DALLAS, TX / ACCESSWIRE / February 16, 2017 / Two months since the Organization of the Petroleum Exporting Countries' (OPEC) historic agreement to stabilize the market by reducing crude production for the first time in eight years, per-barrel prices have nearly doubled after dropping to a low of $26 in February of last year. In Greater Houston, the heart of U.S. oil production, the deal has accelerated the industry's recovery from a two-year downturn and spurred local economies. Texas real estate expert and CEO of Western Rim Property Services, the state's largest affordable luxury property developer, Marcus Hiles predicts that as Houston based energy companies continue to hire and grow in 2017, communities throughout the metropolitan area will see higher employment rates and corresponding wage increases.
The day after the members of OPEC agreed to cut production by 1.2 million barrels per day, U.S. crude saw its biggest daily price gain in more than seven years, climbing by nearly ten percent to $49.44. "This means 2017 will be a better year for oil and gas activity," said David Pursell, research manager at energy investment bank Tudor, Pickering, Holt & Co. to the Houston Chronicle. "It's really good for Houston and the white-collar jobs." Now in the $50-plus range, the New York Times reported that prices could continue to rise through the winter months, further accelerating economic recovery. Affirming these notions, in December the monthly Purchasing Managers Index, a survey of supply chain leaders to measure commercial activity, gave the city its third positive report in a row, indicating near-term expansion in employment, sales and production among all major industries. "We're seeing fairly significant strengthening in most of the underlying sectors, particularly oil and gas," Ross Harvin, who compiles the report for the Institute for Supply Management told Houston Public Media.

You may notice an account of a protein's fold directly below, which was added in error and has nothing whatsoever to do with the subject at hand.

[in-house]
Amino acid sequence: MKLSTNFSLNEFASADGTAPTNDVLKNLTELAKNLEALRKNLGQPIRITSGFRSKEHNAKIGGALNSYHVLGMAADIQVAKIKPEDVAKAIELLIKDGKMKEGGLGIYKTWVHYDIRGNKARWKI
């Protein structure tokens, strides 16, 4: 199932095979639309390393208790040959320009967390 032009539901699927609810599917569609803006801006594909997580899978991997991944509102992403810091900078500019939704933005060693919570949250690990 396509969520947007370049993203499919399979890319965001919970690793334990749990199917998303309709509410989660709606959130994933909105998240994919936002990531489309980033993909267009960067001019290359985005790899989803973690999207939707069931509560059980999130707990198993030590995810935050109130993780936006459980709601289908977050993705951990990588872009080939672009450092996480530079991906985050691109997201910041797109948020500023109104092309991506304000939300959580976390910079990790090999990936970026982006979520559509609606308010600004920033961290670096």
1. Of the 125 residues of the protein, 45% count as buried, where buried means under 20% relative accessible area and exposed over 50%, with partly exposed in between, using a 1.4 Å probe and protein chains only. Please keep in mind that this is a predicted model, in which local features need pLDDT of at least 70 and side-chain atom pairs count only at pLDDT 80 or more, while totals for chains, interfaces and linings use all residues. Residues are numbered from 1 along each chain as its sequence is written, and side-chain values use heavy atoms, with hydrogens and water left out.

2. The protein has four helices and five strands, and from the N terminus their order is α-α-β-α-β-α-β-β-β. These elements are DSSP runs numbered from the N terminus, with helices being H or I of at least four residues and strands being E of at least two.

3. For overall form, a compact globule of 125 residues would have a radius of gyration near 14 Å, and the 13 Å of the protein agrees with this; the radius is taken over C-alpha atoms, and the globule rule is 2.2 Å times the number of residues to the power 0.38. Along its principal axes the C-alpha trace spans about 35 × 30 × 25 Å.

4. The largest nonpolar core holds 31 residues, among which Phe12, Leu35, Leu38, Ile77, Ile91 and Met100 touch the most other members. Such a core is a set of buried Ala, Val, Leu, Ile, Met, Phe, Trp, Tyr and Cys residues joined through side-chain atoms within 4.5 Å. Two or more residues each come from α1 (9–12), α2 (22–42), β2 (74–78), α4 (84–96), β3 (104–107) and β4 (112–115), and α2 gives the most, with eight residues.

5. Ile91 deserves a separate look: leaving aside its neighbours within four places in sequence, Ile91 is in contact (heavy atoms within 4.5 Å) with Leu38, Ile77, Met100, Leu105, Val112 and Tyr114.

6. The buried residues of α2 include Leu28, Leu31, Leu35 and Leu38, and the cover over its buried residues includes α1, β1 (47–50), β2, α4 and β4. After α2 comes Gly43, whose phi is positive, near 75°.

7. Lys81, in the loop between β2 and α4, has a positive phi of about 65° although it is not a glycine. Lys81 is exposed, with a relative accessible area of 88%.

The most obvious sign of an economic turnaround, remarked Marcus Hiles, is the Greater Houston Partnership's forecast that Greater Houston will create 29,700 jobs in 2017, nearly twice the amount of the year before. In addition to the energy industry's resurgence, two other core elements of the city's economy - the Texas Medical Center, the world's largest, and the Port of Houston - are both thriving. "As healthcare becomes more important in society and the economy, we'll continue to see growth," said regional economist Patrick Janikowski. In 2017 the sector is expected to add 9,800 jobs, accounting for nearly 30 percent of the state's growth. Overall optimism for 2017, even among employers, is the highest it has been in years. In a new report from Houston based recruiting firm Murray Resources, 7.7 percent of companies predict they will be making significant hires this year, the largest amount since 2013, before the downturn in oil prices.
Marcus Hiles is the Founder and CEO of Western Rim Property Services, Texas' leading developer of luxury rental properties. Established in 1988, the company today owns and manages over 15,000 upscale residential townhomes and apartments, with communities in Houston, Austin, North Dallas and San Antonio.
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